By Emma Clark Gratton As I’ve mentioned before, my husband and I run a furniture-making workshop and have recently released a range of kid’s furniture. We are big fans of visiting craft and design markets so took the opportunity to launch the new range at a market. While furniture isn’t commonly sold at markets (besides old bearded men making coffee tables out of stumps at your local hippie market), we thought it would be a great way to increase awareness of our brand, meet our customers and make some new connections.
There are heaps of markets to choose from, depending on the type of product you have, the amount of stock you are prepared to make and who your customer is. Markets range from smaller specialty markets, such as Boutique Markets and Rose St Artists Market, to local community markets, right up to design markets such as The Finders Keepers and trade fairs such as Life Instyle. We decided to apply to The Finders Keepers in Melbourne, as the ethos and clientele suited our products.
Once we had confirmation that we were officially accepted into the markets, the real work began. We used it as an opportunity to freshen up our business, so we had a new logo designed, overhauled our website and designed a few new products. I arranged for new business cards, postcards, stickers and stocksheets to be printed, and made a huge masterlist of everything we would need on the day, from props to snacks to packing materials and payment facilities.
On the day
We had the afternoon to set up our stand before the markets opened at 6pm. We had prepared a quick mock-up of the stand in the workshop beforehand, so I had an idea of where everything would go. Once we had the stand up and ready, we wandered around and were blown away (and slightly intimidated!) by how amazing everyone else’s stands looked. We met our lovely stall neighbours, had a quick bite to eat and then the crowds poured in.
We quickly realized that it was up to us to engage the customers and be as approachable as possible. Start talking to people as soon as they approach your stand and keep smiling! It might feel artificial at first, but asking people how they are, how they are enjoying the market and letting them know something about your products can be a great way to make a connection and hopefully, a sale.
That said, being ‘on’ all the time can be exhausting, so take regular breaks. Make sure you bring a friend or helper to cover the stand while you duck off to eat lunch or have a rest.
Getting customer feedback
Getting to meet our customers and potential clients directly was invaluable. It was a great way to see which products people were interested in, what customizations were popular and who our customers were. For example, quite a few people asked if we made bunk beds. We didn’t, but are now adding bunk beds to our range in response to the customer feedback. We had always imagined mums being our biggest customers, but just as many dads purchased products too, which was interesting information.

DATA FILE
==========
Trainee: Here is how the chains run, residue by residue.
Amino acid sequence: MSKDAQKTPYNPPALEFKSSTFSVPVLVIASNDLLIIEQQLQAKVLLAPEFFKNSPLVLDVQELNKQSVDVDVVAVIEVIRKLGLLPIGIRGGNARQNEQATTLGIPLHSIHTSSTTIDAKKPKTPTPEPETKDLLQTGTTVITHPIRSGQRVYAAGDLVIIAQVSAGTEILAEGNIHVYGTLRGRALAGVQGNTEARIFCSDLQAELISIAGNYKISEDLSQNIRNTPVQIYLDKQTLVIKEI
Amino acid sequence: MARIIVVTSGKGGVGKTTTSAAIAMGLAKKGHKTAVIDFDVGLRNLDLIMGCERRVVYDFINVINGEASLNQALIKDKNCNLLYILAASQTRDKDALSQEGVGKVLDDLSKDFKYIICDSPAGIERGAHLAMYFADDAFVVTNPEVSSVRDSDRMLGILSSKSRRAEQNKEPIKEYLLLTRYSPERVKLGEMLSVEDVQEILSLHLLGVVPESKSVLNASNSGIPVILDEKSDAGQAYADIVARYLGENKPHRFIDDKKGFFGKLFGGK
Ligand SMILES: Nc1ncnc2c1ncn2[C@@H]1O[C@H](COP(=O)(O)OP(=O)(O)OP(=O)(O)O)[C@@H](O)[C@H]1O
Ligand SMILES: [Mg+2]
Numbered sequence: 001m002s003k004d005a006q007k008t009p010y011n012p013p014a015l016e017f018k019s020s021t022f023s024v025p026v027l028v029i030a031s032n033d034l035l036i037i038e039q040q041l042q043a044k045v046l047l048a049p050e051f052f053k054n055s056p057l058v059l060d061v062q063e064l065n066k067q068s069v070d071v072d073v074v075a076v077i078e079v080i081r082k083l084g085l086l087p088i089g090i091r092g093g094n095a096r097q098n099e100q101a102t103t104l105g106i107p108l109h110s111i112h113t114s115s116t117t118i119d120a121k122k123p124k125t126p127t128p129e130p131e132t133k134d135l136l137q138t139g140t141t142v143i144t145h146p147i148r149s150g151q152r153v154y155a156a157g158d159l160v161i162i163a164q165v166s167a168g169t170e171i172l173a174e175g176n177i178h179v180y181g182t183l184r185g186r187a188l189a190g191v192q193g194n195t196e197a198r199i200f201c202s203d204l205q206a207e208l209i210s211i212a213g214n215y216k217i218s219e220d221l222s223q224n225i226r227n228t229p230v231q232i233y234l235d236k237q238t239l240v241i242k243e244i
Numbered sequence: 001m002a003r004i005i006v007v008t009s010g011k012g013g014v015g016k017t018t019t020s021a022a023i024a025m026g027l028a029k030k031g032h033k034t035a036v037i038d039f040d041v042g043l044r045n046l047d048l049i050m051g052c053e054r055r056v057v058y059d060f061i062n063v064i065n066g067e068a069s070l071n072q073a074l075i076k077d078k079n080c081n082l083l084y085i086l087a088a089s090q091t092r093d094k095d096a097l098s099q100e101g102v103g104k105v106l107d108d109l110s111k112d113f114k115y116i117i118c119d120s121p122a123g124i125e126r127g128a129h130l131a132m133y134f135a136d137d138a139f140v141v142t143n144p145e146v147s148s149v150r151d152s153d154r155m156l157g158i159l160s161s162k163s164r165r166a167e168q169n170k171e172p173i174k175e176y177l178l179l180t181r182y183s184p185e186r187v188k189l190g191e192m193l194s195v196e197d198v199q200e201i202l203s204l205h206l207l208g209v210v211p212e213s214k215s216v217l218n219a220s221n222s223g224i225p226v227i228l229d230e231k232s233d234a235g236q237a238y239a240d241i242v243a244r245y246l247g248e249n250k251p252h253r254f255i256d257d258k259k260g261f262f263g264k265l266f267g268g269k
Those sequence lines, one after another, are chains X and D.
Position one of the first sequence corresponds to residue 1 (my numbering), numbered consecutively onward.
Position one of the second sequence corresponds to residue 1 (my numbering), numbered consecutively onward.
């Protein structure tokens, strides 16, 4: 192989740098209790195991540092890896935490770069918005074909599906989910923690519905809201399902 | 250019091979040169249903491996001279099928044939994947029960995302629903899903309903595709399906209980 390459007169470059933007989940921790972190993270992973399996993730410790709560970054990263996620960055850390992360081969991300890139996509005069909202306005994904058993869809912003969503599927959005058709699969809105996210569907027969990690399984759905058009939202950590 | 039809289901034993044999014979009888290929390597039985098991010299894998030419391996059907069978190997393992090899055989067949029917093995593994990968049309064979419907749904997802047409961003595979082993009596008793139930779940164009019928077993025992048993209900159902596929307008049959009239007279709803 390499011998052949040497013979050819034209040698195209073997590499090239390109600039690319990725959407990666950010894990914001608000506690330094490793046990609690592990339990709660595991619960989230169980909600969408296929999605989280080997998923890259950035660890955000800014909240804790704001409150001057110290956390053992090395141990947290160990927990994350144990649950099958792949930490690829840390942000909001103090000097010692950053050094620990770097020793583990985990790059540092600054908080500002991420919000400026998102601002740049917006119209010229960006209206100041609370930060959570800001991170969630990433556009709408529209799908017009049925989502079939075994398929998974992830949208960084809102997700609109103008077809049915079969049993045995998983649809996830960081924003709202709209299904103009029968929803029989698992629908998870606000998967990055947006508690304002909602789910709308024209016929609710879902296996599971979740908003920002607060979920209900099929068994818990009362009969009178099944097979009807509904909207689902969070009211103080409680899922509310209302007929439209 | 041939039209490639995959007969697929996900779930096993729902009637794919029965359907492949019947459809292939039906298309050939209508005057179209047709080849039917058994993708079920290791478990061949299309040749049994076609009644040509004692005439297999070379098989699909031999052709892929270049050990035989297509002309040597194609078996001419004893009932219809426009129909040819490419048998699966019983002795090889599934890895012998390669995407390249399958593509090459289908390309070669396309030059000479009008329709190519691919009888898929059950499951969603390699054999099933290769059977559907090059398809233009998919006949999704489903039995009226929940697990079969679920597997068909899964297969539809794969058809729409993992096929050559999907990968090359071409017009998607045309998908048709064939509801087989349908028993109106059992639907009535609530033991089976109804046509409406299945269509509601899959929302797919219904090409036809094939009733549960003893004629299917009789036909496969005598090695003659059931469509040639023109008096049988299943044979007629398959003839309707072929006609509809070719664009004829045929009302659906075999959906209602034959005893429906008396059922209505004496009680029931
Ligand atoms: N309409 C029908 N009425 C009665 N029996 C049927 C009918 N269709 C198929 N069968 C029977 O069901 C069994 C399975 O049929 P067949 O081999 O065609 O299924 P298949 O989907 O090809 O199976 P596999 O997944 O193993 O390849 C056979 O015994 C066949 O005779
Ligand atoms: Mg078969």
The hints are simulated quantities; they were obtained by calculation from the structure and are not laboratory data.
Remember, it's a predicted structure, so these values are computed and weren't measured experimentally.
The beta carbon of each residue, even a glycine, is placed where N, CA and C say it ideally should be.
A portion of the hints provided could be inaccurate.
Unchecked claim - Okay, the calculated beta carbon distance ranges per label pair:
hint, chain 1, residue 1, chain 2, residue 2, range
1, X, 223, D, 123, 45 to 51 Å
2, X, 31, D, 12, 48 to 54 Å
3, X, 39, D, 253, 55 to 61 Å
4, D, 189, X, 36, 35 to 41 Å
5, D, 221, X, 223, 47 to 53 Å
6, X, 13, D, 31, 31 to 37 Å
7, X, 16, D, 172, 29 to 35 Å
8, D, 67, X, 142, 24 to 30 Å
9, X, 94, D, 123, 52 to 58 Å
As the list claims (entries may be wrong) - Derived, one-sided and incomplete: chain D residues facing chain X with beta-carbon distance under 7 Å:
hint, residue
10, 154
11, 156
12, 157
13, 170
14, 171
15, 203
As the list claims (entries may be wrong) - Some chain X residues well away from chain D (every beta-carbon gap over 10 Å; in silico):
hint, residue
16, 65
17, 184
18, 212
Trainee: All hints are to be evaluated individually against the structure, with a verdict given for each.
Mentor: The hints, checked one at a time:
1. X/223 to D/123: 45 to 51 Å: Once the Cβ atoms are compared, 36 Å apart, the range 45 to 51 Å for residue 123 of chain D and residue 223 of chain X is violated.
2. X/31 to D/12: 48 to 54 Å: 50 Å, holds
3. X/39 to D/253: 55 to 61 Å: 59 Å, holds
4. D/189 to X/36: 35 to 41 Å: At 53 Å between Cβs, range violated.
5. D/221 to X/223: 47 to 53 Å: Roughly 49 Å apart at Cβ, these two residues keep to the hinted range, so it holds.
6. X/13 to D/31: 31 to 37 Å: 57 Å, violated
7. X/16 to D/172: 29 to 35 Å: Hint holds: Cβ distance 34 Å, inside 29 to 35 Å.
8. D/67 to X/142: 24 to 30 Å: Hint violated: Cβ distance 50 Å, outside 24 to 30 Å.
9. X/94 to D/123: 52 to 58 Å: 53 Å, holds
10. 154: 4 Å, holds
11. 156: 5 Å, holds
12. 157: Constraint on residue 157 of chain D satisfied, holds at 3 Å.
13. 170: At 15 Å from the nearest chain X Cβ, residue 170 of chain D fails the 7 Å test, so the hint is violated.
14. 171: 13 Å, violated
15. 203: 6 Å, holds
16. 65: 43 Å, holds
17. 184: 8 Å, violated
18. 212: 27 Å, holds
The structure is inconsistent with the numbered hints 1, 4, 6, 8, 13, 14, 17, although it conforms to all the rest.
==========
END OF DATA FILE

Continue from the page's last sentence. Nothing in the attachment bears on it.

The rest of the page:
I grabbed a few bags of lollies at the last minute and put them in a bowl on one of our kid’s tables. It turned out to be perfect, as lollies attract kids and kids bring parents! We also provided chalk to draw on our Mini Chalky tables and crayons and colouring in pages for our Mini tables, which were a hit with the kids. While the kids drew, we chatted to the parents and made a few sales and contacts.
Beg, borrow or steal at least one trolley to carry your gear. Using a trolley will literally cut your bumping in and out time in half. We ended up lending ours to our neighbouring stallholders once we were unpacked, as it was a bit of a walk to the carpark and lugging boxes of stock and trestle tables is not fun.
I made the mistake of favouring fashion over function on the first night and my feet were not happy. Make sure you wear shoes and clothes that you will be comfortable standing in all day, in hot or cold weather.
Not spending all our profits
As tempting as it is, try to resist spending all your cash! As much as we love to support other handmade businesses, we did want to take home some profits and so I set myself a budget for a few special things that I was eyeing off over the weekend. Chatting to other stallholders is an excellent way to get advice, suss out how other small businesses do it and make new connections.
Not being prepared for the post-market rush
We expected to be busy the weekend of the market, but were not expecting the amount of orders in the weeks following. Our site received more traffic than ever before and we got a lot of requests for custom orders and different projects. In retrospect, this should have made sense as people don’t really go to a craft market to buy a large piece of furniture and would rather purchase it later on. We managed to adjust our workflow to accommodate the influx, but it would have been better if I had planned for the orders.
Emma Clark Gratton is an interior designer, writer and podcaster who, alongside her husband Lee, runs GRATTON, a timber furniture and architectural joinery company. She blogs at Worst House Best Street and posts endless photos of her sons on Instagram at @emmamakesthings.